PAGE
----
reidtheweed01 said,
how the hell do you use multi-touch with a regular mouse?

For example, when zooming into a photo, you can spread your fingers on the mouse, forward/backward navigation by flicking two fingers forward/backward, and so on, two fingers up to maximize a window, etc...

Northgrove said,

For example, when zooming into a photo, you can spread your fingers on the mouse, forward/backward navigation by flicking two fingers forward/backward, and so on, two fingers up to maximize a window, etc...

yea works good with maps and browsing also.

I don't understand this Touch-mousewheel. If the idea behind the mousewheel was "less mechanic", it seems to me the mouse have still two areas with mechanic buttons below. But the main reason why I throwaway all my mouses was the mouse buttons, sooner or later. (in the good old days the cable).

I love my Arc Mouse, but the scroll wheel absolutely sucks. I will more than likely get this new Arc Mouse just because it shouldn't be too different in design, but I think a touch scrolling feature will work a lot smoother than the crappy wheel. I'll have to wait for pictures of it before I decide for sure, though. Also, without an actual button, I wouldn't want it if I can't "middle-click" just by tapping on it.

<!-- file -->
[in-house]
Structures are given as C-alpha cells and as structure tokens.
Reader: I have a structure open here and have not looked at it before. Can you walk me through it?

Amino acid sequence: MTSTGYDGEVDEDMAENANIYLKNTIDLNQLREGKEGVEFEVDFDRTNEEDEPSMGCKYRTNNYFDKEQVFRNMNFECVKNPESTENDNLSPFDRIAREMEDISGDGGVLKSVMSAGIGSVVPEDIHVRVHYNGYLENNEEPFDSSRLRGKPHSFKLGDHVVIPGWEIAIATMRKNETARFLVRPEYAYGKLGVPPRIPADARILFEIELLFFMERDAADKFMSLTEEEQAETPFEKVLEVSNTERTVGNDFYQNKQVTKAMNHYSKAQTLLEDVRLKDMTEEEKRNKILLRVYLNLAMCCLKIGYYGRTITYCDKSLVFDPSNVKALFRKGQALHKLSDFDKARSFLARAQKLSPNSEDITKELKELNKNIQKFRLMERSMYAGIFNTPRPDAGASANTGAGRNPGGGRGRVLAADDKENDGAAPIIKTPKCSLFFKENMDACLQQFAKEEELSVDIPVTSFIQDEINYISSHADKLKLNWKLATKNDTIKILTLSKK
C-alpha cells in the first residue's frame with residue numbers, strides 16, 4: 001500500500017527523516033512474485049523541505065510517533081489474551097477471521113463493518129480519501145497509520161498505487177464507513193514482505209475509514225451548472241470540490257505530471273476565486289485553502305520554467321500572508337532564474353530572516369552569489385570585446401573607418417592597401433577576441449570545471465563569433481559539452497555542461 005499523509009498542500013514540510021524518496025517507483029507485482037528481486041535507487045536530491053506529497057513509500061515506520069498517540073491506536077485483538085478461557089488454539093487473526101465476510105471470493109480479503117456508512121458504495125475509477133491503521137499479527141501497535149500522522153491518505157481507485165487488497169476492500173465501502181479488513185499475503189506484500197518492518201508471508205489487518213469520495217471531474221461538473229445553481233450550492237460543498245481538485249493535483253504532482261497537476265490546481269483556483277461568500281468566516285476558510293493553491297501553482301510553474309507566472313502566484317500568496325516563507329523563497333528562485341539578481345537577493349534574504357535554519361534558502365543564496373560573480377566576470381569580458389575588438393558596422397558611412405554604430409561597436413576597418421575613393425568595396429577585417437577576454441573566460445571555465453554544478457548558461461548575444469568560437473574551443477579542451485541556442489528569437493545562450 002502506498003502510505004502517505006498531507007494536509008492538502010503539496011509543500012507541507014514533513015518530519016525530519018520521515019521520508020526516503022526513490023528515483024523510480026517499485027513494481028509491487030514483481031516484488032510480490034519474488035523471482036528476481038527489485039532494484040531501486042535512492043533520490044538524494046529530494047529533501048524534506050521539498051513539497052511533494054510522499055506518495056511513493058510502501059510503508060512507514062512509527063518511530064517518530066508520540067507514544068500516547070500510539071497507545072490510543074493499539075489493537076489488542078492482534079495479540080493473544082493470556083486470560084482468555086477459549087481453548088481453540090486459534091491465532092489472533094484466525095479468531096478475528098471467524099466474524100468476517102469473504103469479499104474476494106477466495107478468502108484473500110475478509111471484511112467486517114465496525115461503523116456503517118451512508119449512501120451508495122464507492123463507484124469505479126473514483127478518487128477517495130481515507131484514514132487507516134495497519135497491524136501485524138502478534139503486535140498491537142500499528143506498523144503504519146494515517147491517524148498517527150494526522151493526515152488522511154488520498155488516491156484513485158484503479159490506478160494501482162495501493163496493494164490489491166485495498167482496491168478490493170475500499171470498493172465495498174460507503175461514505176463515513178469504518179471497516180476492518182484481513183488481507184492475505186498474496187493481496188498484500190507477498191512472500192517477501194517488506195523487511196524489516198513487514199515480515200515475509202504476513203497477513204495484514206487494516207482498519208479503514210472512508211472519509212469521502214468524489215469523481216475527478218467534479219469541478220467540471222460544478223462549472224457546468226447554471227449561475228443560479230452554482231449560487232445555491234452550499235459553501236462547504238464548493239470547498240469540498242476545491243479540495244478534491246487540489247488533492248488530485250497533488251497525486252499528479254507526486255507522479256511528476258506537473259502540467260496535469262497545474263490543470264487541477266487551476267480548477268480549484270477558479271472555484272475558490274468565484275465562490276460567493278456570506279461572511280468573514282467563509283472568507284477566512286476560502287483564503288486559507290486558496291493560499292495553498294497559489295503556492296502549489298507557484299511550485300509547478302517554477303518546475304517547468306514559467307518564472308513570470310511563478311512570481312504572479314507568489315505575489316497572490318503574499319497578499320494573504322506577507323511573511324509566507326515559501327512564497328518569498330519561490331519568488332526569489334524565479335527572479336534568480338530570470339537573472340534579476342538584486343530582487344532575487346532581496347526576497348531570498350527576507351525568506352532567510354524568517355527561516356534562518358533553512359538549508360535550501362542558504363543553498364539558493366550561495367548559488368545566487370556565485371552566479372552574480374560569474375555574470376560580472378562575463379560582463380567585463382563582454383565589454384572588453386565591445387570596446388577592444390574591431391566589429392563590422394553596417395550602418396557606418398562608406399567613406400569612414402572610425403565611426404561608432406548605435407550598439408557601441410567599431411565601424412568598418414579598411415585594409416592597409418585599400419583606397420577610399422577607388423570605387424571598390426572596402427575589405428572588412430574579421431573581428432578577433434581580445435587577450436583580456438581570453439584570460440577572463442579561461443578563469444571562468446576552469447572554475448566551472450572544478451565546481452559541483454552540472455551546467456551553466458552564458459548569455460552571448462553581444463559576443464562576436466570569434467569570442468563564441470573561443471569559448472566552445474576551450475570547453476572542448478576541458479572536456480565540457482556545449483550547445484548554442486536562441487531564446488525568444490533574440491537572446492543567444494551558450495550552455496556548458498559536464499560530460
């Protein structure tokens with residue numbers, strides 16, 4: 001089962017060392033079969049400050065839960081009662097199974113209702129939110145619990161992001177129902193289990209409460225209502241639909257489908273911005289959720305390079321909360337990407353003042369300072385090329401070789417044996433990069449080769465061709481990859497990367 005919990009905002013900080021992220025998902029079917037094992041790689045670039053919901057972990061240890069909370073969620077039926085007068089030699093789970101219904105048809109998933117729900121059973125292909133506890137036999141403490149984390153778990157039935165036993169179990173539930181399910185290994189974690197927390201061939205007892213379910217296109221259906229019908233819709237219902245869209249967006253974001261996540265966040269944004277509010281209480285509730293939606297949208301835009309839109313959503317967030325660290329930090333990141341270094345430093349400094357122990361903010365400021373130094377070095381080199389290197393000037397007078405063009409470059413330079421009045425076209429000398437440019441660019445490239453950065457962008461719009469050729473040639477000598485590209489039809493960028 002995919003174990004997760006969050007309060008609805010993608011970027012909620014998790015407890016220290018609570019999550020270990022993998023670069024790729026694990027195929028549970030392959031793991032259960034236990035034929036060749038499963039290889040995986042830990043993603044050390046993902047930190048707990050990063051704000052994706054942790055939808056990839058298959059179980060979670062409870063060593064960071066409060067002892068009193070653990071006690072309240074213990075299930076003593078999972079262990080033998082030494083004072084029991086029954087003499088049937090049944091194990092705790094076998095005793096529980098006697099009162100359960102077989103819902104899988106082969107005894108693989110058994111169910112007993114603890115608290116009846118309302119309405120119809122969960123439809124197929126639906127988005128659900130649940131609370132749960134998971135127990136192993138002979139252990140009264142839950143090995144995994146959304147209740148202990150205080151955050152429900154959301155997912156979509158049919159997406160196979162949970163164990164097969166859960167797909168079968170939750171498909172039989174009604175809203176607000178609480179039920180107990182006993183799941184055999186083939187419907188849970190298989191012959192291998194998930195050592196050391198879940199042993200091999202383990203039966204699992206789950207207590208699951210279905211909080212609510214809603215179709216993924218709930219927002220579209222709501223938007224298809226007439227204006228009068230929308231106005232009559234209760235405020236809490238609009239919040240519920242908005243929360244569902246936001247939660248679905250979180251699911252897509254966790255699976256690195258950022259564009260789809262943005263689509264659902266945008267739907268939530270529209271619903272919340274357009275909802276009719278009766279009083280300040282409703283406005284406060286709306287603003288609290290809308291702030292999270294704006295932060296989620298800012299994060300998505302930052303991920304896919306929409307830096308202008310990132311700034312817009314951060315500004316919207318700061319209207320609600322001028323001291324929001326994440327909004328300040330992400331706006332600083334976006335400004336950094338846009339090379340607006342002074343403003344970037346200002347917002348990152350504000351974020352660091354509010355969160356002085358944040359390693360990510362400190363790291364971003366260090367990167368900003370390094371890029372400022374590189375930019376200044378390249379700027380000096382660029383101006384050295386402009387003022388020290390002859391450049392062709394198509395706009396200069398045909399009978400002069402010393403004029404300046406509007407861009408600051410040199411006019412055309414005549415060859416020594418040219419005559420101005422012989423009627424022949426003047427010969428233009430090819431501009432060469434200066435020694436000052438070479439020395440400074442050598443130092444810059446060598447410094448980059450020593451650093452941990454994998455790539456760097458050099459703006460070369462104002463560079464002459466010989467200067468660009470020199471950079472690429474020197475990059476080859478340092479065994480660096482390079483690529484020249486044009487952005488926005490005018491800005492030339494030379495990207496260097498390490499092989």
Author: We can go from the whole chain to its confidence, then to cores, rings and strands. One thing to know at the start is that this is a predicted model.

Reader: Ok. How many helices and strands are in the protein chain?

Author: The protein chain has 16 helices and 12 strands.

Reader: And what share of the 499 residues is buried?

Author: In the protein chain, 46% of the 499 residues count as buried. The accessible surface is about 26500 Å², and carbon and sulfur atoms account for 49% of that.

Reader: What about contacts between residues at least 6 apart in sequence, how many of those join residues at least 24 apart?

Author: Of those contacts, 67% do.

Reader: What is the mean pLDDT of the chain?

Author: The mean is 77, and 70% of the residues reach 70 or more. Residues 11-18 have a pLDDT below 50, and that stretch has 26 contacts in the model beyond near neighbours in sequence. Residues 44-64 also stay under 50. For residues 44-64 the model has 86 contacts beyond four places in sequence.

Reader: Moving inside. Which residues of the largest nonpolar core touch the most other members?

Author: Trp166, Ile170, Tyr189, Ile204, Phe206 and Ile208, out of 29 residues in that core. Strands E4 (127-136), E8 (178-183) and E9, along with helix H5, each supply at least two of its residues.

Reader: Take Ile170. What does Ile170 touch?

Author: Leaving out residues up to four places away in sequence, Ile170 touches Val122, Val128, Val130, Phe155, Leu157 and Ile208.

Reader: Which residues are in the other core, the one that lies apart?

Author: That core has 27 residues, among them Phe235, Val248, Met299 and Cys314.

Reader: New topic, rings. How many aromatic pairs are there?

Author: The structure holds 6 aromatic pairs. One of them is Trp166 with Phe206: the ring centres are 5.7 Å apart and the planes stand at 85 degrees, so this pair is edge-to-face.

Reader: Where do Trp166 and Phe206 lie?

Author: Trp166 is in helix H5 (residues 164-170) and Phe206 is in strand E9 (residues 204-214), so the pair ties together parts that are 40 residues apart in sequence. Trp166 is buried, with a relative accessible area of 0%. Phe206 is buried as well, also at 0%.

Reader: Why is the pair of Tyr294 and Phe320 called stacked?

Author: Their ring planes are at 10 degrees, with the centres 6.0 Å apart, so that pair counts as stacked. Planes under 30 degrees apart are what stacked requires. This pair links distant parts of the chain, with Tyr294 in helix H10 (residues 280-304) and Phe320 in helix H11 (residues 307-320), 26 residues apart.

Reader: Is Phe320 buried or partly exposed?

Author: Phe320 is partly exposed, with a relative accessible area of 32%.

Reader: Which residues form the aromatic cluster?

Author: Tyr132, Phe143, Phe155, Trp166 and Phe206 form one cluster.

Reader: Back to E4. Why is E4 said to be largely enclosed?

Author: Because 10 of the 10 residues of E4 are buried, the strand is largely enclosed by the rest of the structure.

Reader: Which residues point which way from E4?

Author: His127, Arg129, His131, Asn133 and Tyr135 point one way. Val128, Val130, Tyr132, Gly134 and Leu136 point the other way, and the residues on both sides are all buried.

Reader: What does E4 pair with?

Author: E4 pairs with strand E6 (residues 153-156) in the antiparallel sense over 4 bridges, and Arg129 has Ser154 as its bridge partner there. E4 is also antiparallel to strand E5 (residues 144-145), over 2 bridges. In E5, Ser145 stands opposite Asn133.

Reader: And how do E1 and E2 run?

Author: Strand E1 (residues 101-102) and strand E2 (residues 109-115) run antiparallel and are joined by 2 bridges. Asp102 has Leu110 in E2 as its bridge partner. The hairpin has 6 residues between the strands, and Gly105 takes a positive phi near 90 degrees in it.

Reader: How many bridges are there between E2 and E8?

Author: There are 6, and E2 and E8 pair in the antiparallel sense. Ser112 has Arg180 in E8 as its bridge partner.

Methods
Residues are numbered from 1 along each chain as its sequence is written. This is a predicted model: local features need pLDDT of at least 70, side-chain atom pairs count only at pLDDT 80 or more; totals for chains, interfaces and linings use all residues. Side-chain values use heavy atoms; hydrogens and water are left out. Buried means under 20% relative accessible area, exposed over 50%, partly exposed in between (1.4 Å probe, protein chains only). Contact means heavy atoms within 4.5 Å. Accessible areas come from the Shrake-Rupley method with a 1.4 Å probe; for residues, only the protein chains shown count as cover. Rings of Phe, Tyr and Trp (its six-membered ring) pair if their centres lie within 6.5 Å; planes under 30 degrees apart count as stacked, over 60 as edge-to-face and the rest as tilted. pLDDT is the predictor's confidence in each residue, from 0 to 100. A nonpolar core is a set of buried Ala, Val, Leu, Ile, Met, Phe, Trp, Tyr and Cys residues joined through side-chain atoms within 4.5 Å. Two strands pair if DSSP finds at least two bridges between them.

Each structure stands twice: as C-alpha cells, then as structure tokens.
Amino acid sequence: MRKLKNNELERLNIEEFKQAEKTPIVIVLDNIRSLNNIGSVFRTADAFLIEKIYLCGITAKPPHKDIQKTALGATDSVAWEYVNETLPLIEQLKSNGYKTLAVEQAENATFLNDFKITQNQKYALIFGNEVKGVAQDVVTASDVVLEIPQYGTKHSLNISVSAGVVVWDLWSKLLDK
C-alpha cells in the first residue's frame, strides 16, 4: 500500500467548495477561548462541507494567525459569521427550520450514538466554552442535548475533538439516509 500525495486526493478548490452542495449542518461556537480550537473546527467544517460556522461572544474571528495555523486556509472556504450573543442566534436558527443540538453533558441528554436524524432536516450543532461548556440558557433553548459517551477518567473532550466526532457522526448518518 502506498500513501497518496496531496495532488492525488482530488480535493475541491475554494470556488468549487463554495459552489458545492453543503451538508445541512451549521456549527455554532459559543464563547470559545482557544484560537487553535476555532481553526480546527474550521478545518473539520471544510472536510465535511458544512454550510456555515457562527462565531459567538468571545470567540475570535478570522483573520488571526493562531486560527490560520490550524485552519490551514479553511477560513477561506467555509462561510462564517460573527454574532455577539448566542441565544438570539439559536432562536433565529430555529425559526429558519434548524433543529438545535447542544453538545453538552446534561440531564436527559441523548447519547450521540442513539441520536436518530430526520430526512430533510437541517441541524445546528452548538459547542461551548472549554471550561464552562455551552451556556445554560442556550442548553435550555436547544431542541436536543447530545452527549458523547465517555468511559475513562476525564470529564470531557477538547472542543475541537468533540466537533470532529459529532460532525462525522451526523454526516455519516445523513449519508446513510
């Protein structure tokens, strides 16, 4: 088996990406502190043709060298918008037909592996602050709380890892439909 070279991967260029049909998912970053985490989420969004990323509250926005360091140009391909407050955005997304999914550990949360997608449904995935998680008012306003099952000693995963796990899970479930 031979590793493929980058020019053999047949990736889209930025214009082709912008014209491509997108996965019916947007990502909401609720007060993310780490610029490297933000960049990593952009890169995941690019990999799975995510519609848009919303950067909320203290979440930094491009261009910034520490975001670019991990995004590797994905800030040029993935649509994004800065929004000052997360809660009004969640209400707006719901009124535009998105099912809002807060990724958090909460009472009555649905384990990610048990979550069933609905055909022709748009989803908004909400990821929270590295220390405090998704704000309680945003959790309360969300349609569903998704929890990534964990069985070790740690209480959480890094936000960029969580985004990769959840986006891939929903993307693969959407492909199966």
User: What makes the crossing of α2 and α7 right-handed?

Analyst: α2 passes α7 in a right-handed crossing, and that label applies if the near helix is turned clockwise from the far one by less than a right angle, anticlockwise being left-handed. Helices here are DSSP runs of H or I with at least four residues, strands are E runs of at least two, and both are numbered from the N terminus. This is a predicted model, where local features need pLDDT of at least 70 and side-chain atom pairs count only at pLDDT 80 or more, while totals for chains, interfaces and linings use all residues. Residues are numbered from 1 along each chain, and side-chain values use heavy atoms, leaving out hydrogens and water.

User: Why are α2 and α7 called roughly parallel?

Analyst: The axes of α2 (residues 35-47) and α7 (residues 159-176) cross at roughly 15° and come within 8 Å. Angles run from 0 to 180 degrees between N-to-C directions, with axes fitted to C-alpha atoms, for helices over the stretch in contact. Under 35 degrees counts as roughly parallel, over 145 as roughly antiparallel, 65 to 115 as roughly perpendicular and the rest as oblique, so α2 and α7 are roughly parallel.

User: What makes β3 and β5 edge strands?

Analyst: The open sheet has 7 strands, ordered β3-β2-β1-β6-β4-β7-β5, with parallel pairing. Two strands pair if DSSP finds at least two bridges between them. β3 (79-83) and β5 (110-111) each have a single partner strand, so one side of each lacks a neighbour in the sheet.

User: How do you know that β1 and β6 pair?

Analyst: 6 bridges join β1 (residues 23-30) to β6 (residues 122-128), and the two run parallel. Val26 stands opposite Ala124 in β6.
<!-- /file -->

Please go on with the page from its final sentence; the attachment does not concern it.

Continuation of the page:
[sad face]

I guess I'm skipping this one. If it doesn't support multi-touch then it's not really a huge improvement over the last Arc mouse. I may give it a try later but this won't be something I'm going to run out and get.

Article
The first thing that comes to mind when you saw Microsoft's new Arc mouse may very well be that it is some sort of multi-touch enabled device.

I never once thought that. It is shaped like an ordinary mouse, with two buttons and a scrollwheel area. The mouse I use now has two buttons and a scrollwheel. I don't multi-touch that. I works just fine. Why would I assume the Arc would be any different?

LaP said,
"but because Microsoft has put its multi-touch technologies where they belong: In the screen"

http://www.wacom.com/index2.php

Paul Thurrott, gentlemen, Paul Thurrott.

I like Paul Thurrott web site cause this is a good place to get the latest news about MS. But this guy should never be quoted. He is hands down the biggest MS fanboy on earth. I'm 100% sure this guy has a microsoft cofee mug at home

I don't get your point? What does that link mean in relation to this?

He uses a lot of Apple equipment, but writes about MS mainly - though not exclusively. Here's what he uses: http://www.winsupersite.com/paul/whatiuse.asp

Strangely enough, he writes about MS because he gets paid to write about MS.

Kirkburn said,
I don't get your point? What does that link mean in relation to this?

The link means that multi-touch is not only for screen like Paul Thurrott said. Multi-touch can be used in other devices like pen tablet.

I think many of the above comments are dissing this mouse because Microsoft isn't trying to pawn it off as some 'magical' toy.

I would prefer multi-touch on the screen. Having it in a mouse is dumb. Touchpads are ok, but problems is the real estate is to small. With the screen I use gestures and make it the size I need the first time with pin-point accuracy. With a touch device I have to use several gestures for the same effect. Counter-productive if I would say.

It looks cool anyway.